You want and do not want, something excites you but at the same time is holding you back, you like it but it does not satisfy you completely… If sometime you experienced these feelings and commented them to someone asking him to help you untangle the emotional intricacy in your mind he would probably told you’re an indecisive person. And that this is not good.
However, science has some good news for you: opposing and contradictory feelings are not necessarily synonymous of indecision, but emotional complexity. People who have a rich emotional universe are also more likely to experience a wide range of feelings, sometimes opposed. In addition, these people manage better their emotions and have a lower risk of suffering from depression.
Mixed feelings show balance
Psychologists from the universities of Waterloo and Michigan realized several studies, including one that involved a sample of 1,396 people from 16 different cultures. These people had to indicate feelings and emotions they experienced in certain situations of their lives, for example, when they had a problem with a family member, when they got sick, found themselves overworked or stuck in a traffic jam.
So they found that in Western culture we tend to consider the conflicting emotions as something negative and undesirable, and we blame indecision. It was also found that those who have these mixed feelings are better in differentiating their emotional states and find more easily a balance in their lives.
Instead, usually those living in cultures excessively oriented towards the “ego” have a flatter emotional world, compared to cultures that give greater emphasis to family ties and social duties, because these people are able to understand and take on different perspectives, and this enriches their emotional health.
For example, not being overly focused on the ego they can feel a strong disappointment in case of losing a work project, but at the same time, they appreciate that this is an opportunity to spend more time with the family or try a new experience. A person concentrated into its “ego” would only see the negative side of the situation, and this would severely restrict its emotional universe.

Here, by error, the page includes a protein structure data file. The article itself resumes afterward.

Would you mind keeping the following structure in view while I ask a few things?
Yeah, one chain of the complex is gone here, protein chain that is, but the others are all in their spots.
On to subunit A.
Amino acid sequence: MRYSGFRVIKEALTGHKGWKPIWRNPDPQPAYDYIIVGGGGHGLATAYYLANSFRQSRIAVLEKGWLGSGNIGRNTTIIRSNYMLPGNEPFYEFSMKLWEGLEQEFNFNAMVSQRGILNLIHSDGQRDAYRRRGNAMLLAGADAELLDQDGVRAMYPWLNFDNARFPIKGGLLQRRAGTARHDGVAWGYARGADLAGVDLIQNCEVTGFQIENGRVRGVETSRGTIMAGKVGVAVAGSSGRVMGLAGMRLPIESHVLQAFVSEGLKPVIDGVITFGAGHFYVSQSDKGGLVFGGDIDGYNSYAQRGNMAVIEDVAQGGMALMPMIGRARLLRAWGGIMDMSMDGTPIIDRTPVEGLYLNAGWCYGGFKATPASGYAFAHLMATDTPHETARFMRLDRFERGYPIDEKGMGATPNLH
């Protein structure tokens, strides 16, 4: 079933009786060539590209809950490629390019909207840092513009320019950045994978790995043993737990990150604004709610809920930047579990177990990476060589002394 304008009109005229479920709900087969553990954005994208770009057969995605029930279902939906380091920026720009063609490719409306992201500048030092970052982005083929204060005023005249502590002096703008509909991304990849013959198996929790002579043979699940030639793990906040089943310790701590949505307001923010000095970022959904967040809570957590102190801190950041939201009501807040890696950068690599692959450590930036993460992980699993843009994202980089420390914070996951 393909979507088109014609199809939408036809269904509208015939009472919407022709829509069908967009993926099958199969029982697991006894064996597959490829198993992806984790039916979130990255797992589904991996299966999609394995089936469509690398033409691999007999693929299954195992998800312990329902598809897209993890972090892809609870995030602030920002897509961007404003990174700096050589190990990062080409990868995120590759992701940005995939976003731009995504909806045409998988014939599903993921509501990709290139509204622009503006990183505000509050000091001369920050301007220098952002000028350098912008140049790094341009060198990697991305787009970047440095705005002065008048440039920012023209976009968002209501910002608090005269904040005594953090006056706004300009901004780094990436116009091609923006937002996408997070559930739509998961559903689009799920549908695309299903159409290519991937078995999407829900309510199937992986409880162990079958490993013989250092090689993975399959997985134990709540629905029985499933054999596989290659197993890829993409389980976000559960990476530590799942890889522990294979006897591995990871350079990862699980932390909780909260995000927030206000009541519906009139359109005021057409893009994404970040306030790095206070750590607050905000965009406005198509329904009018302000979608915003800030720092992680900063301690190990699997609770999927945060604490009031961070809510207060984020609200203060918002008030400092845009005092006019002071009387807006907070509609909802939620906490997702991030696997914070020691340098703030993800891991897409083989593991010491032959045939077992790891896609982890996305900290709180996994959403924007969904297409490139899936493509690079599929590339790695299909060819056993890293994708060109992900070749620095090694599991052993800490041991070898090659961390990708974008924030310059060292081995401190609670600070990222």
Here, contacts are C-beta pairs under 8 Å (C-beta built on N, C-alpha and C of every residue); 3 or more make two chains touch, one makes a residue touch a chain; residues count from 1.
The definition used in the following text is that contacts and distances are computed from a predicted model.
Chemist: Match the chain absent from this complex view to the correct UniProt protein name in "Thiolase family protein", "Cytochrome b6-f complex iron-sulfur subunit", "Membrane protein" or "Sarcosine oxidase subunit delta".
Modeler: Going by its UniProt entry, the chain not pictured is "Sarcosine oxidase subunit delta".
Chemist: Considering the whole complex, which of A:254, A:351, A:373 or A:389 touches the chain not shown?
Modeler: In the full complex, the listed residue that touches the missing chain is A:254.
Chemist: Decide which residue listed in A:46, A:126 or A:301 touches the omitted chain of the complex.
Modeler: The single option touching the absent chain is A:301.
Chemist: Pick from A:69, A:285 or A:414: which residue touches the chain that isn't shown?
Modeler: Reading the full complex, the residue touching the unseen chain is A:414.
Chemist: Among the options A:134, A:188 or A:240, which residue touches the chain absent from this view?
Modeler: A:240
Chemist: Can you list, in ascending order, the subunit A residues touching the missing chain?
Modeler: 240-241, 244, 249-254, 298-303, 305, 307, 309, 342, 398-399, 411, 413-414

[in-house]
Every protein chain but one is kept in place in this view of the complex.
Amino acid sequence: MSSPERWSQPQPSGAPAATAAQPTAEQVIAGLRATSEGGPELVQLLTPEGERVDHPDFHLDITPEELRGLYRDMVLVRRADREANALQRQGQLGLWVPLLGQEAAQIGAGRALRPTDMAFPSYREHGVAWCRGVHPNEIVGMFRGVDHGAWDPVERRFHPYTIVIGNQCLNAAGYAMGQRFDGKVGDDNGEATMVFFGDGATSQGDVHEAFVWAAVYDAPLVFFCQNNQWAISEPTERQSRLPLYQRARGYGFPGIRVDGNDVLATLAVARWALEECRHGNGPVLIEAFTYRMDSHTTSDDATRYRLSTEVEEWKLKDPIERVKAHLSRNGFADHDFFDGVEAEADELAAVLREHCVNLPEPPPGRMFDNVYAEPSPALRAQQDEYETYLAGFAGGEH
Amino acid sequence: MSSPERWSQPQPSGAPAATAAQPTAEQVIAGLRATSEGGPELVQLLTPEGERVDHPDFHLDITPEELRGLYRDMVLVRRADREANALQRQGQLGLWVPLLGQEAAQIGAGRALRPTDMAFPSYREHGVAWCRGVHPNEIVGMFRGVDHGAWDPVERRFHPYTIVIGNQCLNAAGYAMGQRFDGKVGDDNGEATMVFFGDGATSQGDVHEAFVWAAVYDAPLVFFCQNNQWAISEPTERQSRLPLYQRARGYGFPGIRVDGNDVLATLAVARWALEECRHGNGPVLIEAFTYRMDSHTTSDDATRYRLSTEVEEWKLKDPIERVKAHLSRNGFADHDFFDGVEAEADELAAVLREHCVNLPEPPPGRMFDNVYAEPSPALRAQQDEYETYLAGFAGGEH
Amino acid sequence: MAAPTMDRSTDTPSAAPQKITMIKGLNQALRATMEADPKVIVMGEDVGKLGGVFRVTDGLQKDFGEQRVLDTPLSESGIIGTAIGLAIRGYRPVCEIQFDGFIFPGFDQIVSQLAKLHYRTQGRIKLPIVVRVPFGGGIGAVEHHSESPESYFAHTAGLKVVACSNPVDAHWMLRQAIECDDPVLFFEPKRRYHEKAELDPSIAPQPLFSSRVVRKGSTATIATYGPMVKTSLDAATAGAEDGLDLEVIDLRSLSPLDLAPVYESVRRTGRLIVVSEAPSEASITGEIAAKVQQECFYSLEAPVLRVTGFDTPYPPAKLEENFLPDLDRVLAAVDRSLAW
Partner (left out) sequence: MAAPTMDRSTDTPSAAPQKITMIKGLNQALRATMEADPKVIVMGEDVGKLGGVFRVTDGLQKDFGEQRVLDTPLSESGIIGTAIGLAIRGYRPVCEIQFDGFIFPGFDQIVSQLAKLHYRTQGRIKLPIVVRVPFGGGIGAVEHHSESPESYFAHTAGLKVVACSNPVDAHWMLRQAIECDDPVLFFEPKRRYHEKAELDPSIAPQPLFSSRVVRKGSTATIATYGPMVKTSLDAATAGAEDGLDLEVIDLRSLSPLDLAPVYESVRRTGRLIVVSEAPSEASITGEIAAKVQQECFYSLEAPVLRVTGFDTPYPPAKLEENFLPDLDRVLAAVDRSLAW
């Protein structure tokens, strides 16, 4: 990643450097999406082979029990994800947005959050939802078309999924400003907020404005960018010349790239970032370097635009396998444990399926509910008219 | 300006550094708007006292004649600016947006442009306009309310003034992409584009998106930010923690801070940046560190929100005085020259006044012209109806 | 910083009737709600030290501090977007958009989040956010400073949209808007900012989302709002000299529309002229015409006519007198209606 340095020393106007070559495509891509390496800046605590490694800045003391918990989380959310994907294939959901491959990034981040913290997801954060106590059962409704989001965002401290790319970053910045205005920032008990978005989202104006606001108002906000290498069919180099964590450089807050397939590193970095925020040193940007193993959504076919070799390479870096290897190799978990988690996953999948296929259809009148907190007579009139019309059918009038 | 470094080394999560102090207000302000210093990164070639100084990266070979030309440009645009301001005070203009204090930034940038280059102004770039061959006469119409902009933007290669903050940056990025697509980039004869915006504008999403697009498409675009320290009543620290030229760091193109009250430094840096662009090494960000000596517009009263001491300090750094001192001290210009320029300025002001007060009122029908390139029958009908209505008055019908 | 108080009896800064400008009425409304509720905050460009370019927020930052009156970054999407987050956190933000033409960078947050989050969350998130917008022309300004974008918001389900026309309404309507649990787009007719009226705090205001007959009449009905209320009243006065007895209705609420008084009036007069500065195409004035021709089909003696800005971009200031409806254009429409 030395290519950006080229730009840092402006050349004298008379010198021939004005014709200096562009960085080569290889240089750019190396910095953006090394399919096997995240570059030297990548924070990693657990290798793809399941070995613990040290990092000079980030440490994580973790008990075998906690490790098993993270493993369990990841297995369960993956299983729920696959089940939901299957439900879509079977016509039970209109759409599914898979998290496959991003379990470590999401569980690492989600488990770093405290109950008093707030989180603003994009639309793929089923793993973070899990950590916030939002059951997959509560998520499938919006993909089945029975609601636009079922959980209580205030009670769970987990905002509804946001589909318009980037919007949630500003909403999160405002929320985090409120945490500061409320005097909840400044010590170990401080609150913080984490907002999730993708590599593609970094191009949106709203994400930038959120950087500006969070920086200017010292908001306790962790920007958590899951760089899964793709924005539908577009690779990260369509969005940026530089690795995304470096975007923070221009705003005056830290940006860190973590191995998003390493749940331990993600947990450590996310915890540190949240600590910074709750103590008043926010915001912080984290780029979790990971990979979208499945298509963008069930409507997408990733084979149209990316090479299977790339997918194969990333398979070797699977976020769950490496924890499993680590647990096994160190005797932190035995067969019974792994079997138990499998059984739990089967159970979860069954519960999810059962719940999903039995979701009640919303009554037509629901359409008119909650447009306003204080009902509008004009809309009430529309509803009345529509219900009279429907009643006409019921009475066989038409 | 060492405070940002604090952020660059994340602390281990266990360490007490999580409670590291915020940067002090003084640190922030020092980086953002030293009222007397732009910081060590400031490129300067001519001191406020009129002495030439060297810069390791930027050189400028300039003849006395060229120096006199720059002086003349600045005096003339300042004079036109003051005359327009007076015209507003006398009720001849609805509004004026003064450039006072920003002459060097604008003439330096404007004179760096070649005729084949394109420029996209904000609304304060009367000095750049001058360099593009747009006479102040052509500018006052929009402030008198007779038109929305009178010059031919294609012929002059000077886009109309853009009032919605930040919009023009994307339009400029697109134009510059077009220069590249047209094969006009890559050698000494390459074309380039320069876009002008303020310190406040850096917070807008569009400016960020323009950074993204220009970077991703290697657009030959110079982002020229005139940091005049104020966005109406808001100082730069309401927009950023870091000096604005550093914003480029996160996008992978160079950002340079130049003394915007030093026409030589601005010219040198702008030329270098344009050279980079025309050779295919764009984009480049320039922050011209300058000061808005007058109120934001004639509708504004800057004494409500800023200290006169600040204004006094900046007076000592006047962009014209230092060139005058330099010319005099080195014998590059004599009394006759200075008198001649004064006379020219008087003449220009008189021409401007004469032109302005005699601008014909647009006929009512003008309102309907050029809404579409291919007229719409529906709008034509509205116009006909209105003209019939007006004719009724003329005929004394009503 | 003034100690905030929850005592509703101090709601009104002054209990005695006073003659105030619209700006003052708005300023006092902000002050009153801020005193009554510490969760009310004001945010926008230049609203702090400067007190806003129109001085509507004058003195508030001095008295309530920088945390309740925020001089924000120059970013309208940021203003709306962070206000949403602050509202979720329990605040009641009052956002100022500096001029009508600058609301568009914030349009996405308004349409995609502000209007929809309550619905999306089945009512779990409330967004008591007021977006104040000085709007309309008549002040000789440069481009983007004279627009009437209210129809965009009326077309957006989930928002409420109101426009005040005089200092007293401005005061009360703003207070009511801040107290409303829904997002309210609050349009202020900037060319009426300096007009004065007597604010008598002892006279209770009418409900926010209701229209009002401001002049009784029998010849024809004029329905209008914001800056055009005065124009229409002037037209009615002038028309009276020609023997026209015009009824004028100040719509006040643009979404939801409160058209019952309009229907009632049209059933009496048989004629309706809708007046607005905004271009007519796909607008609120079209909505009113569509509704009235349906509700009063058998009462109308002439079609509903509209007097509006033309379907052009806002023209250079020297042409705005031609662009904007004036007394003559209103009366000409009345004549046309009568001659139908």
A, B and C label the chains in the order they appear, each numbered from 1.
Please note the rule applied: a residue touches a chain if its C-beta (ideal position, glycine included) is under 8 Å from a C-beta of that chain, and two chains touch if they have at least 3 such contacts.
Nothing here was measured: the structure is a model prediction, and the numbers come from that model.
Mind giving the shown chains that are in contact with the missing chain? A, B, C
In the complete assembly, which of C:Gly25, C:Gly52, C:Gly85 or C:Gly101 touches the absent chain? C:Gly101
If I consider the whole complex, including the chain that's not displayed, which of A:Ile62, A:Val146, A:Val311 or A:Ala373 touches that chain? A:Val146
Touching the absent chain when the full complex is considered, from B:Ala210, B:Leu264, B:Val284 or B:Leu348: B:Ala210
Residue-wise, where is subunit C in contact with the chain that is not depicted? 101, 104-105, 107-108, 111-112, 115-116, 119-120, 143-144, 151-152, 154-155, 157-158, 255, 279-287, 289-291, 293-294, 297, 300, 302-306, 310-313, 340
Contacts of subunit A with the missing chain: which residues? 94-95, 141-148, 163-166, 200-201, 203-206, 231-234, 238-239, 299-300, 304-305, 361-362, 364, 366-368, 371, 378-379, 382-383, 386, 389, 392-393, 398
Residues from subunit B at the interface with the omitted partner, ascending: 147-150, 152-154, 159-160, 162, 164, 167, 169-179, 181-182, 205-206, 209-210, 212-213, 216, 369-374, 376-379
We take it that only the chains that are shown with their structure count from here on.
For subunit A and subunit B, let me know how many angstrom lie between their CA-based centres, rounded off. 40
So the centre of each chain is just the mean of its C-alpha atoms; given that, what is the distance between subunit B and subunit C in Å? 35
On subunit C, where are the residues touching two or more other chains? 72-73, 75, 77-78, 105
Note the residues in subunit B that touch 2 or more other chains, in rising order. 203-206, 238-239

Emotional Granularity: Experiencing different emotions is a sign of self-control and allows you to live a longer and healthier life
The emotional universe is rarely linear. It is likely that more than in one occasion you want something for a long period of time and when you finally get it, you don’t feel happy as hoped, or is likely that you even try some negative feelings. It usually happens when you finish studying, you feel happy but at the same time feel nostalgia and sadness for the period left behind, or fear and uncertainty about the new life that is beginning.
Even in a couple relationships or with children conflicting emotions are very common. A moment you love them with all your might and right after you would “kill” them all for something they did or said.
These feelings and emotions do not transform you into a worse person, on the contrary, are perfectly normal and can offer you some advantages. In fact, the amplitude of the affective sphere is known as “emotional granularity“, and is a characteristic of people who are able to experience different feelings and emotions together and differentiate them.
Interestingly, according to a study by the University of Kentucky, these people also have greater self-control and are less likely to react aggressively, even when they are very angry. In addition, researchers found that people who demonstrate emotional granularity tend to live a longer and healthier life, go rarely to the doctor, use less medication and spend less time in hospital when they get sick.
In fact, another very interesting study conducted with 92 women suffering from breast cancer, found that those who were able to identify, label and understand their emotions showed lower levels of inflammation, one of the basic processes of this disease and which is considered part of a negative prognosis.
Therefore, the next time you try the mixed emotions don’t despair and do not think that’s a bad thing or that is indicating indecision. Think that is your emotional universe expressing its complexity, something that eventually will get you benefits.
Grossmann, I. et. Al. (2016) Emotional complexity: Clarifying definitions and cultural correlates. Journal of Personality and Social Psychology; 111(6): 895-916.
Pond, R. S. et. Al. (2012) Emotion differentiation moderates aggressive tendencies in angry people: A daily diary analysis. Emotion; 12(2):326-337.
Stanton, Annette L. et. Al. (2000) Emotionally expressive coping predicts psychological and physical adjustment to breast cancer. Journal of Consulting and Clinical Psychology; 68(5): 875-882.